What should you pack for your trip to China? Whether you’re an experienced traveler or this is your first time going overseas, it helps to know what is and isn’t available in a country like China so you can pack accordingly. I’d like to share with you recommendations on what to pack for China (and what not pack) based on my own experience.
I don’t want to point out the obvious for you here (i.e. should you bring a good travel camera?) but I do want to share a few things that most travelers to China tend to overlook.
There’s a big difference between traveling to Beijing or heading off into the mountain villages of Sichuan.
What you pack will be different as well.
As you’re thinking through what to pack for China, carefully read through my suggestions below and plan accordingly. Based on the 10 years I’ve been traveling and living in China, I think you’ll be glad you did.
One more thing.
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Hard-to-Find Essentials | What to Pack for China
Below are a few items that I’ve had a hard time finding during my travels around China.
That’s not to say they can’t be found, but it’s certainly worth thinking about as you consider what to pack for China.
There are import stores in the big cities like Beijing and Shanghai where you can stock up on hard-to-find items, but since those places are often out of the way, I find it best to just plan ahead and pack it before you leave.
It’s better this way because then you not only get to pick your favorite brand but you also probably get a better price.
- Deodorant: I know quite a few travelers who just buy toiletries as they go but deodorant is one item that I specifically advise travelers to buy ahead of time. It’s not commonly used here in China (a fact which you’ll quickly discover if you travel on a crowded city bus!) and therefore the choices – if there are any – are quite scarce.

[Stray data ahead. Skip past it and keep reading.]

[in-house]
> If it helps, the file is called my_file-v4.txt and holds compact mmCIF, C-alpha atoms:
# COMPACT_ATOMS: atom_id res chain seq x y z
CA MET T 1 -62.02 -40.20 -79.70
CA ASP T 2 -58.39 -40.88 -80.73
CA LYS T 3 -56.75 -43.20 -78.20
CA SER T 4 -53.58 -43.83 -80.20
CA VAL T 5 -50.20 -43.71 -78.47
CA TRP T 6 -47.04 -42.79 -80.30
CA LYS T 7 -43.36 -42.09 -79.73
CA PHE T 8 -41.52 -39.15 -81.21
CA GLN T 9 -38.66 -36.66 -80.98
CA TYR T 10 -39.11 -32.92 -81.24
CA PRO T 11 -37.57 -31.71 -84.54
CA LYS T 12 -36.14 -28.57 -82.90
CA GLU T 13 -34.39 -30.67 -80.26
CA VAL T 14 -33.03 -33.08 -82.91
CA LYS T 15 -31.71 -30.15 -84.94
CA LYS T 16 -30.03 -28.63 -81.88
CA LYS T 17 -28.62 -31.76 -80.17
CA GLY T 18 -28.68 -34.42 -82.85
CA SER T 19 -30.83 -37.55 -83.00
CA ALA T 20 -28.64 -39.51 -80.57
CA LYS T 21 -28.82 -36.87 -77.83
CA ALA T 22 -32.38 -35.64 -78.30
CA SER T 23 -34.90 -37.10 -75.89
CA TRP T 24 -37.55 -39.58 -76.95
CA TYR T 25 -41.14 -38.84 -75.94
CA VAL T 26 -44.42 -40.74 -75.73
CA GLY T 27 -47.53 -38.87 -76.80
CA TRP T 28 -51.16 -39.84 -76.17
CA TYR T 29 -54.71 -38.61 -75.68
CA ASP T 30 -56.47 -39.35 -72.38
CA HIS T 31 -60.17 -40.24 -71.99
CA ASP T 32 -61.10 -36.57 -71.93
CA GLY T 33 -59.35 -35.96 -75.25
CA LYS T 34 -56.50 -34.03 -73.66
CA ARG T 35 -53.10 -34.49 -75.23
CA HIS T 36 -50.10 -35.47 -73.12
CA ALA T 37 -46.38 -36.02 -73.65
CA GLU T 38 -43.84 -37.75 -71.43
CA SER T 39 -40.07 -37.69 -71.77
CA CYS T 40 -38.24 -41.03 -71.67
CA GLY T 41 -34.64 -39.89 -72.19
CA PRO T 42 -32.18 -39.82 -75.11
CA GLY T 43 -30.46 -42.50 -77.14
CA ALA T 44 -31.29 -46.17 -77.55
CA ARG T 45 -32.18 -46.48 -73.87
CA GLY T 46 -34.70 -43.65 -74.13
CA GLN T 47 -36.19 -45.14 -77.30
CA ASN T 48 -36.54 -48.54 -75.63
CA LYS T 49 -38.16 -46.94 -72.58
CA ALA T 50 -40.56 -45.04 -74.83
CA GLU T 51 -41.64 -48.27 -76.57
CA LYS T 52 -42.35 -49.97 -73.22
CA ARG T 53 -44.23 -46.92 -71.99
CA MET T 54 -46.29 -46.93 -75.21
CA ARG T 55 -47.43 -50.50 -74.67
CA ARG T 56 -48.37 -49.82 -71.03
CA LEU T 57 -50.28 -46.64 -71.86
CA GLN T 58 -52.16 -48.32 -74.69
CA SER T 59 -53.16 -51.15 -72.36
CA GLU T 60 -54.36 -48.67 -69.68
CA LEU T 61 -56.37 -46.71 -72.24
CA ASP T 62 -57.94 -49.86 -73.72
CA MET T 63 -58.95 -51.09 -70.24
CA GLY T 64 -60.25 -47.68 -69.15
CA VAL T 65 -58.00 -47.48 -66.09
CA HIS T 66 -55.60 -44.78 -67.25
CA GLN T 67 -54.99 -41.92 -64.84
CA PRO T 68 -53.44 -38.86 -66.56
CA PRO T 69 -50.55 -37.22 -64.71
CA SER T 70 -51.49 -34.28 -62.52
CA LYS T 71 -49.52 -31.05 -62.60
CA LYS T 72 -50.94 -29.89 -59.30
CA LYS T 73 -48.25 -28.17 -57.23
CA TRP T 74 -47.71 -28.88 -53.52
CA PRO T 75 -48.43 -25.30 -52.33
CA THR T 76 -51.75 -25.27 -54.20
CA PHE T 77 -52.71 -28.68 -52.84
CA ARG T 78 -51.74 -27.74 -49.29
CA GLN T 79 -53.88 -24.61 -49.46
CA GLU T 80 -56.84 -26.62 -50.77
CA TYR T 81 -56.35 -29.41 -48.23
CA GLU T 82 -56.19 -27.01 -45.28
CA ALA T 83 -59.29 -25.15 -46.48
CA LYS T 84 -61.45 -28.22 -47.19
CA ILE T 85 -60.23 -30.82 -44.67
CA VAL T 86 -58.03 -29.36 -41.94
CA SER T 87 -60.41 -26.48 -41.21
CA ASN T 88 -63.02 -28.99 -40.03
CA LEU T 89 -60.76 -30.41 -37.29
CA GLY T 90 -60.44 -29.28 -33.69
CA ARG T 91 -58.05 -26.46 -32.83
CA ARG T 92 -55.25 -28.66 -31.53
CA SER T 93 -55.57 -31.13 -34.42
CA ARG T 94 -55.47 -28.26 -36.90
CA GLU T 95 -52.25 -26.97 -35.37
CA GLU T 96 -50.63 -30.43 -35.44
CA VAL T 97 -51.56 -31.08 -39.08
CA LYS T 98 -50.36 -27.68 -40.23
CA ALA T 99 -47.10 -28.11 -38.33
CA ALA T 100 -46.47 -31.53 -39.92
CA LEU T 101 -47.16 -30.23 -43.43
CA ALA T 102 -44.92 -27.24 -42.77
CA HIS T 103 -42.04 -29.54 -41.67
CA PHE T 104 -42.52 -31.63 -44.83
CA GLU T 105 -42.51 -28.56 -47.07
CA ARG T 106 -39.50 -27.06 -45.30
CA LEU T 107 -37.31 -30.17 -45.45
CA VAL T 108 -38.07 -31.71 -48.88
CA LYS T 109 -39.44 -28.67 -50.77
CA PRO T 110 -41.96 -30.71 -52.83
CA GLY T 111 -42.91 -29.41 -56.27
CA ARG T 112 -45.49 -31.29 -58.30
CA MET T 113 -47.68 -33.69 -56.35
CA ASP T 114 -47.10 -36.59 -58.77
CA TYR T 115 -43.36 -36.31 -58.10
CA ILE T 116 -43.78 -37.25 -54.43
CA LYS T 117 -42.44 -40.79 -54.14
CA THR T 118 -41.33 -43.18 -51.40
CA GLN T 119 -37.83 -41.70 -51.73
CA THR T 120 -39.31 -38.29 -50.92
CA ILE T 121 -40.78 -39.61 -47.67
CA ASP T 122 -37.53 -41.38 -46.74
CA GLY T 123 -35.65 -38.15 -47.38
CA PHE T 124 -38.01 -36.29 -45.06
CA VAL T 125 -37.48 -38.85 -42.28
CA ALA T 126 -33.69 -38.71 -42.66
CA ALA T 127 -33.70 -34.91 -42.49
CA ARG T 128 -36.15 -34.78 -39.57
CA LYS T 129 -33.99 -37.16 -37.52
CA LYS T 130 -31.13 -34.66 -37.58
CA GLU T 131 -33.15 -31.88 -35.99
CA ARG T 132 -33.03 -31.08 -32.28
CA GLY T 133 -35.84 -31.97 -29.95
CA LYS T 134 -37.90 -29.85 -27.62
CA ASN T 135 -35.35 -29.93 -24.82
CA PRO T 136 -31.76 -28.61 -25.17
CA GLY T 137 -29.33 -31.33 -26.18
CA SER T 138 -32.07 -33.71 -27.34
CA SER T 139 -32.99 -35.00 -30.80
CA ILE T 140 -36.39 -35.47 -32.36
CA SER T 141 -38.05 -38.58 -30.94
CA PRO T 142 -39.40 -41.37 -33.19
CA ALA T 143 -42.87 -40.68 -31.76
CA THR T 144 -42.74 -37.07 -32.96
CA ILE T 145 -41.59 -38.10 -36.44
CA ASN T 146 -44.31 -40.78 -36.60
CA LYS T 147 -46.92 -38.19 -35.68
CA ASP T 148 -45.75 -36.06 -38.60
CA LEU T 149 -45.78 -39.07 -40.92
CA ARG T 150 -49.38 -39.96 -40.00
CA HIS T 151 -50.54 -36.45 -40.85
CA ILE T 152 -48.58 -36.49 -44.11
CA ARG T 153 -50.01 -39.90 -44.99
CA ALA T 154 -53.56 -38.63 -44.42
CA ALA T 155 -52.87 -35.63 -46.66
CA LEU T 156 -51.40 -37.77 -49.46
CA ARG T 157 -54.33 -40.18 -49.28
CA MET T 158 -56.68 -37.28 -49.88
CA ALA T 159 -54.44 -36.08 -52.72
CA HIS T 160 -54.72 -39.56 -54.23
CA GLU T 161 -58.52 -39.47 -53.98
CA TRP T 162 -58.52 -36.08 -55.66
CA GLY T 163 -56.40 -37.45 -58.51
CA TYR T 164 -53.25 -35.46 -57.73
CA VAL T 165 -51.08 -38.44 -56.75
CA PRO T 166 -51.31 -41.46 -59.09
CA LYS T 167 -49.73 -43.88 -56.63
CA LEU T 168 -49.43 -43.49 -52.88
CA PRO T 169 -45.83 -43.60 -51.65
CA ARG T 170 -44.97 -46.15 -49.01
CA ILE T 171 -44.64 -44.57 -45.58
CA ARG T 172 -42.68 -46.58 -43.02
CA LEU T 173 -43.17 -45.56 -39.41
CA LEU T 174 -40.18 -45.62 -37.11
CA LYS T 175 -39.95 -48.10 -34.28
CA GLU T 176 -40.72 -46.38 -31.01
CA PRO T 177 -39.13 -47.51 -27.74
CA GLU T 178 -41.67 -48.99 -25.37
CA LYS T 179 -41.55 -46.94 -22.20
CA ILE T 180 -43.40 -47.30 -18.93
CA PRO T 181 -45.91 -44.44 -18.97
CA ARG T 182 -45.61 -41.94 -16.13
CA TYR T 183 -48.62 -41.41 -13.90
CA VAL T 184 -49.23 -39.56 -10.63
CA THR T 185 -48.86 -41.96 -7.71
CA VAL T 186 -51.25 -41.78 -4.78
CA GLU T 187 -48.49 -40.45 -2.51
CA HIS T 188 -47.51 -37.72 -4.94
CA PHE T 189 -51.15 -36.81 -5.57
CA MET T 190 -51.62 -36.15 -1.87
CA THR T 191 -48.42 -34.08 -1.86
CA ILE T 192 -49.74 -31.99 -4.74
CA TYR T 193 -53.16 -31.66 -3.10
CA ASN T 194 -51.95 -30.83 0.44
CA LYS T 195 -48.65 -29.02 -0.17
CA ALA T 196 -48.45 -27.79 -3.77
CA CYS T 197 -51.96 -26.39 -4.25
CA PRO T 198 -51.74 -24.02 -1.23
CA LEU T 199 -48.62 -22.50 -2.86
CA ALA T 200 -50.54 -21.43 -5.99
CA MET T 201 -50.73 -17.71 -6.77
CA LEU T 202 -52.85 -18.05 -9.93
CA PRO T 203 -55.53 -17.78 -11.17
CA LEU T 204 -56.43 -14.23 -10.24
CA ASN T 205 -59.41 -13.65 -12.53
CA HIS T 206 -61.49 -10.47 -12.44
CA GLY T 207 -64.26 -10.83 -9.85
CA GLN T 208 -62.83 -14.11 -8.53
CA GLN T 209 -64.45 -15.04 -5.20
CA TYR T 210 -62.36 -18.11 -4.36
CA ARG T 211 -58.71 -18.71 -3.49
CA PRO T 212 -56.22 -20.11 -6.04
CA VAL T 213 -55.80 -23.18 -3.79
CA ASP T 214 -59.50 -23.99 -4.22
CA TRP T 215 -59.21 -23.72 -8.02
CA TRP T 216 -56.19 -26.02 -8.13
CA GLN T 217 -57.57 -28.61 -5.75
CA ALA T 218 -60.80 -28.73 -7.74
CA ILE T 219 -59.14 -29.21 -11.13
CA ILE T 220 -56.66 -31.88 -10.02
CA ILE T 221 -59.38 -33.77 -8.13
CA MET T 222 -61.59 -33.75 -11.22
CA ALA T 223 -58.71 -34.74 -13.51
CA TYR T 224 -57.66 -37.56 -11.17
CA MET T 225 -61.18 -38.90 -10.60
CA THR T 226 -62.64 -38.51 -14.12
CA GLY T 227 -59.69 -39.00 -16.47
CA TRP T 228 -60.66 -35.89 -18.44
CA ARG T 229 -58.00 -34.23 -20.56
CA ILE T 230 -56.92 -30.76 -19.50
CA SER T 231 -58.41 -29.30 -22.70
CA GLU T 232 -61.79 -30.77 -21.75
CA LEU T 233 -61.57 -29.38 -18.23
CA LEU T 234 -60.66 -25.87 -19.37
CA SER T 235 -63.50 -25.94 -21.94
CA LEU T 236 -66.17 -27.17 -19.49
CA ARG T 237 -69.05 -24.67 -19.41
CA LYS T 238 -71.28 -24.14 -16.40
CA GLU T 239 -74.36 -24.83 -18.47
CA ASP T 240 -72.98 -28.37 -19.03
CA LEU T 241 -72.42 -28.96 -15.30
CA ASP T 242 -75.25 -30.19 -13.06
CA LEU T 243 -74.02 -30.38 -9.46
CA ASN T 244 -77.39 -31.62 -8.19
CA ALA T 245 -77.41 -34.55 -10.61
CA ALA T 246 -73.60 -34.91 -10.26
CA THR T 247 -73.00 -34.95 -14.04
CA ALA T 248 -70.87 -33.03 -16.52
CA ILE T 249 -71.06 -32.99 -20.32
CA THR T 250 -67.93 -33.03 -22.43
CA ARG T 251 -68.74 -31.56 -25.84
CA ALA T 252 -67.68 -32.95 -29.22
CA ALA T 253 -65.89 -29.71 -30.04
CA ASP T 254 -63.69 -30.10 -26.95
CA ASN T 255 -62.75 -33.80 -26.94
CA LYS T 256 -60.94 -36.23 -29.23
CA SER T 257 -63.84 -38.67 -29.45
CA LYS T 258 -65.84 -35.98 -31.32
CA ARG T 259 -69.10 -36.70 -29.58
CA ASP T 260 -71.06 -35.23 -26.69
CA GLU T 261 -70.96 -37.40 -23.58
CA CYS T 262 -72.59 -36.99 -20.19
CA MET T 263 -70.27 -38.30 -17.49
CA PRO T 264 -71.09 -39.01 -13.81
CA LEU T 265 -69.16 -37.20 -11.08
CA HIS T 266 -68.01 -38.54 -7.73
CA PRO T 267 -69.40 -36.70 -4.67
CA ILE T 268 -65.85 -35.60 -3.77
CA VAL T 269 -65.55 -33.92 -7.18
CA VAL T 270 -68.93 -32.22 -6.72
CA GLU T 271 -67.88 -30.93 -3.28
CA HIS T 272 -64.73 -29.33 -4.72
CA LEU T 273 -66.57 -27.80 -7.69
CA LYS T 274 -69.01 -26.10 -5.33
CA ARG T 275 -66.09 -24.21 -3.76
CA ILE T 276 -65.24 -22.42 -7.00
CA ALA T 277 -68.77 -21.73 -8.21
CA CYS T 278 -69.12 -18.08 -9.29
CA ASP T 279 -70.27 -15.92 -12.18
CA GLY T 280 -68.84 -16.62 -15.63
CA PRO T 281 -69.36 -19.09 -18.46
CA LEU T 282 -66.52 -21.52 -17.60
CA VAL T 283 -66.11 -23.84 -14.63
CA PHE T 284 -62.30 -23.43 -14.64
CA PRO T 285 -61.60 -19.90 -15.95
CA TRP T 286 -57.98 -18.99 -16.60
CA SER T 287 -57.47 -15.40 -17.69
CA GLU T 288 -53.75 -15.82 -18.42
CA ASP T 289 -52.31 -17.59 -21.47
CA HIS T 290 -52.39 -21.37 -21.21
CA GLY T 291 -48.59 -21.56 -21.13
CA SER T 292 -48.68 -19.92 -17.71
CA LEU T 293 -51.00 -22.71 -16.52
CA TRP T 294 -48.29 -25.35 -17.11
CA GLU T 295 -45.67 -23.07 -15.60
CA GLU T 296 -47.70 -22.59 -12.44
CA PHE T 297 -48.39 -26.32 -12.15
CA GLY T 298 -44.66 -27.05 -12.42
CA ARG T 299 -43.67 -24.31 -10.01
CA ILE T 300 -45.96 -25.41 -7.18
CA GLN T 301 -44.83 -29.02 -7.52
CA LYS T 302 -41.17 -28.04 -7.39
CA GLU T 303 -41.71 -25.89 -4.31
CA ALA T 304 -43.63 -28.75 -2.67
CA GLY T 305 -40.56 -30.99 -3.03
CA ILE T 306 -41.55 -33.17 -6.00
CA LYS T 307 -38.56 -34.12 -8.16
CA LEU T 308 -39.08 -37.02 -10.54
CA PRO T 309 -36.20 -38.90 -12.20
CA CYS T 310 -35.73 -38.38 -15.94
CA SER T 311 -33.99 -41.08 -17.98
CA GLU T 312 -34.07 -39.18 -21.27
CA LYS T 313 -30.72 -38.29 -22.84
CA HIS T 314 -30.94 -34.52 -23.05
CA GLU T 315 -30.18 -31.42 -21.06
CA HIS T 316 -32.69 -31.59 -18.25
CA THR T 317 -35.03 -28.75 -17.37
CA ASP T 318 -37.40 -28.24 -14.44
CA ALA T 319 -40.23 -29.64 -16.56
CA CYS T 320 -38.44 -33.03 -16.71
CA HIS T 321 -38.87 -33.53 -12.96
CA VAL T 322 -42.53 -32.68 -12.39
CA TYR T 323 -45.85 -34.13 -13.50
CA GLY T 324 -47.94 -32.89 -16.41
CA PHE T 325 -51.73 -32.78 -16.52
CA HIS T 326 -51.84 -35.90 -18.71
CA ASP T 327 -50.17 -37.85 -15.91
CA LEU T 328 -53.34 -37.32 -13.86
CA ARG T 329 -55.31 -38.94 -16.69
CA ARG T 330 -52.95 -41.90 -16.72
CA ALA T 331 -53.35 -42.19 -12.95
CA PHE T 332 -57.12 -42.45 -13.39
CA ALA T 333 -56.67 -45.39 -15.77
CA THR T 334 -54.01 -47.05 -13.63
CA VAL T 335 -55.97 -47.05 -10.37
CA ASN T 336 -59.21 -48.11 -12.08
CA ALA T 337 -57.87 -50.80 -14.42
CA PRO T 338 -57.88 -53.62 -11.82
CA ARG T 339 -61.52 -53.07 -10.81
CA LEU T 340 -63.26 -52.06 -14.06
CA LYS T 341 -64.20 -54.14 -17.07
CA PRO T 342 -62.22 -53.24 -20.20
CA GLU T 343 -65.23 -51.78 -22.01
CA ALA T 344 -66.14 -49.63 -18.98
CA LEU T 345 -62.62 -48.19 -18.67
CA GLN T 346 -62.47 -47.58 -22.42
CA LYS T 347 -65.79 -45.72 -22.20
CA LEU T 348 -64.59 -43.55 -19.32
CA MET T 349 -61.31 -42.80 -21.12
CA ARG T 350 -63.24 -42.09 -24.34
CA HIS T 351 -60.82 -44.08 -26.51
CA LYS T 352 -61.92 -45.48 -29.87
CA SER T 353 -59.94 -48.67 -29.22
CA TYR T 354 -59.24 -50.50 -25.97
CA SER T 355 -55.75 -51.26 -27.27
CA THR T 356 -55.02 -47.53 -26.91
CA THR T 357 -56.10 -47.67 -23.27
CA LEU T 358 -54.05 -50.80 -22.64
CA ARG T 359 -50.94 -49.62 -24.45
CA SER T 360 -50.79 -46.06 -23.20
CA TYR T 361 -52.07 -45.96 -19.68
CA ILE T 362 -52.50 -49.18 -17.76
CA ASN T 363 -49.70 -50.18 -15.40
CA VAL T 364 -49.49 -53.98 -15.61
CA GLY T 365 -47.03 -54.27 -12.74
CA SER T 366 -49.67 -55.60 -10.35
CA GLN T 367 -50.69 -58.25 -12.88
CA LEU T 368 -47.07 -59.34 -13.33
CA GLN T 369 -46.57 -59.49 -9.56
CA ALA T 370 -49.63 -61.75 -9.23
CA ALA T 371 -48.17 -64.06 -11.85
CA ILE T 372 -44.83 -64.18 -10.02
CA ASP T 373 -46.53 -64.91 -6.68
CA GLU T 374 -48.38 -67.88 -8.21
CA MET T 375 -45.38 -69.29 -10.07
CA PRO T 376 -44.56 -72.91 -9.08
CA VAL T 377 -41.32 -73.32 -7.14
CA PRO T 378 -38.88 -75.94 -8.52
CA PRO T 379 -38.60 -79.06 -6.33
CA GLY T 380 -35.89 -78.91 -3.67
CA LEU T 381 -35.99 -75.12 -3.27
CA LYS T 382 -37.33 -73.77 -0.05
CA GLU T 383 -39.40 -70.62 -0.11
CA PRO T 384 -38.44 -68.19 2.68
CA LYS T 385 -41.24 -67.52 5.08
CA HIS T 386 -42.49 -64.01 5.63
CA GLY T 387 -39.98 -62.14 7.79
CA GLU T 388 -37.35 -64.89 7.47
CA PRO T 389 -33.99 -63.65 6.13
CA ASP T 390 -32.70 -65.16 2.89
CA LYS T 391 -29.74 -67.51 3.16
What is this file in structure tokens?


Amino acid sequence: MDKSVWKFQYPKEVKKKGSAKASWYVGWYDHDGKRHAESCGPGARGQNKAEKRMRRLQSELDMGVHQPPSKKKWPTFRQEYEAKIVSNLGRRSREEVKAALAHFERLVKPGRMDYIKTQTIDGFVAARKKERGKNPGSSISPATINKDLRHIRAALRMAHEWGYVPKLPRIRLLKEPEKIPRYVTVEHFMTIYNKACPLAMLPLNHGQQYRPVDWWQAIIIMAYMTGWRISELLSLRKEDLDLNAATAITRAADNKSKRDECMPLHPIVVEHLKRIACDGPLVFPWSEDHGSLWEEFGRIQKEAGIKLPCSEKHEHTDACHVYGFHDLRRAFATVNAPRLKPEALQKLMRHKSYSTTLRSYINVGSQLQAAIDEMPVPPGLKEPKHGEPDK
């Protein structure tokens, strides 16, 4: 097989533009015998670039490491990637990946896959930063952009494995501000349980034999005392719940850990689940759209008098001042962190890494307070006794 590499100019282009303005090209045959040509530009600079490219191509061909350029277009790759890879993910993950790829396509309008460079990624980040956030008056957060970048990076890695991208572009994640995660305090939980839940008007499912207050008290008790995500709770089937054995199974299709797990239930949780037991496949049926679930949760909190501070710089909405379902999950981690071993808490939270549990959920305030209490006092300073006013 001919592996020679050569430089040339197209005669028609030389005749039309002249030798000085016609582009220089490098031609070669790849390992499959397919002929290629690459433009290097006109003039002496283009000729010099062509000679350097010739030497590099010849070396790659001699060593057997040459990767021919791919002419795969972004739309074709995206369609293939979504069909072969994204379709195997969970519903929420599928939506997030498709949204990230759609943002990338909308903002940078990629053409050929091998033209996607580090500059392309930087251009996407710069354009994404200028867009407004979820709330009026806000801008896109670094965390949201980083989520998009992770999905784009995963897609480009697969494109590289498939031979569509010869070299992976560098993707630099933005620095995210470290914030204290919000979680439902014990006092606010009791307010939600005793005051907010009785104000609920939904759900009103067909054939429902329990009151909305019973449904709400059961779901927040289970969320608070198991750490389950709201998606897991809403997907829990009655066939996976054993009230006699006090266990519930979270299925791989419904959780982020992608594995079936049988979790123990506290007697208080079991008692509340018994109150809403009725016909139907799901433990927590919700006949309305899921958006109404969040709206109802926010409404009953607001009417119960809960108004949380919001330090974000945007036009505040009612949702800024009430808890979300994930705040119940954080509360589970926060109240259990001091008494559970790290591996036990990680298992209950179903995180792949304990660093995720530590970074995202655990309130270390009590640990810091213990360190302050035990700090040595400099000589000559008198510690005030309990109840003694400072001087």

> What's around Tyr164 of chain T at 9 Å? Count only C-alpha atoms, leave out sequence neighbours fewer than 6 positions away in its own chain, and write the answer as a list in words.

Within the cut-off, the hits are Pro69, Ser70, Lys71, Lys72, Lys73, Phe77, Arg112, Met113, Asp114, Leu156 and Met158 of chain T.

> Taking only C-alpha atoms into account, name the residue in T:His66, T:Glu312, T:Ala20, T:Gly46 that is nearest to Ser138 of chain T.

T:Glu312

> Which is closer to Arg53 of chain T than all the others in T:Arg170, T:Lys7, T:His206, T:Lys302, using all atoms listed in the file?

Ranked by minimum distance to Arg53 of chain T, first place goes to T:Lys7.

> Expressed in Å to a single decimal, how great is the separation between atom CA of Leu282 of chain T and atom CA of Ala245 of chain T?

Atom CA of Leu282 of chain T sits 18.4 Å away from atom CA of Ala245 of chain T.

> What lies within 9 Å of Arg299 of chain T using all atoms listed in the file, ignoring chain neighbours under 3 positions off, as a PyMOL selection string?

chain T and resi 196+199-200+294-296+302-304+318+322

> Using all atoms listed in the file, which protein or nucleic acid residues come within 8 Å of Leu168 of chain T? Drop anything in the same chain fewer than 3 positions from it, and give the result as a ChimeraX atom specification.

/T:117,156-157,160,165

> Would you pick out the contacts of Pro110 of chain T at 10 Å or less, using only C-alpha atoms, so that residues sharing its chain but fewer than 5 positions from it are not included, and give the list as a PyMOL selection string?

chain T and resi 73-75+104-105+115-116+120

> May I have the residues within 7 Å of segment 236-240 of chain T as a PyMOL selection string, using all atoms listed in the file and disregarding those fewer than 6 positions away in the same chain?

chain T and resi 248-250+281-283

- Quick-Dry Clothes: Washing machines are everywhere here in China…driers are not. One of the best decisions I made was to start buying quick-dry briefs and quick-dry shirts. If you’re traveling around China during the summer, expect to be washing your clothes once a day or once every other day.
- Plug Converter: While everybody warns you that China runs on 220v instead of 110v, that’s really not a big deal. Most of our cellphones and computers can be plugged into 220v outlets (check the plug…it will usually say “110v-220v”). The problem arises when you want to plug in your two-prong or three-prong plug into a Chinese outlet. For that, you’ll need to make sure you have a light and cheap plug converter for China.
- Pepto-Bismol: I’ve lived here in China since 2006 and every time I return after an extended stay back in the U.S., my stomach always requires about a week to adjust to the unique Chinese cuisine. Pepto Bismol or some Immodium chewables will be a lifesaver when your stomach decides that it can no longer take the local food you’re ingesting. It’s possible to buy Pepto Bismol by itself, but you can also get it as part of a medical travel pack which includes a number of commonly-used medications.
- Sunscreen: Although it is possible to find sunscreen here in China, most of it comes with some form of skin-whitener, which is popular throughout Asia (and you may not care for). Just grab a small travel tube of sunscreen for your trip here and keep it on you for that time when you’re doing a lot of walking outside.
- Unlocked Phone: If you have a smartphone that is out of contract, figure out how to unlock it for your trip to China (for example, here’s a tutorial on how to unlock your AT&T iPhone). All you have to do once you arrive is buy a cheap SIM card (here’s how to get a SIM card for China) and you have an instant ability to communicate. If you’re not out of contract, you can consider only connecting via Wifi or renting a phone in China.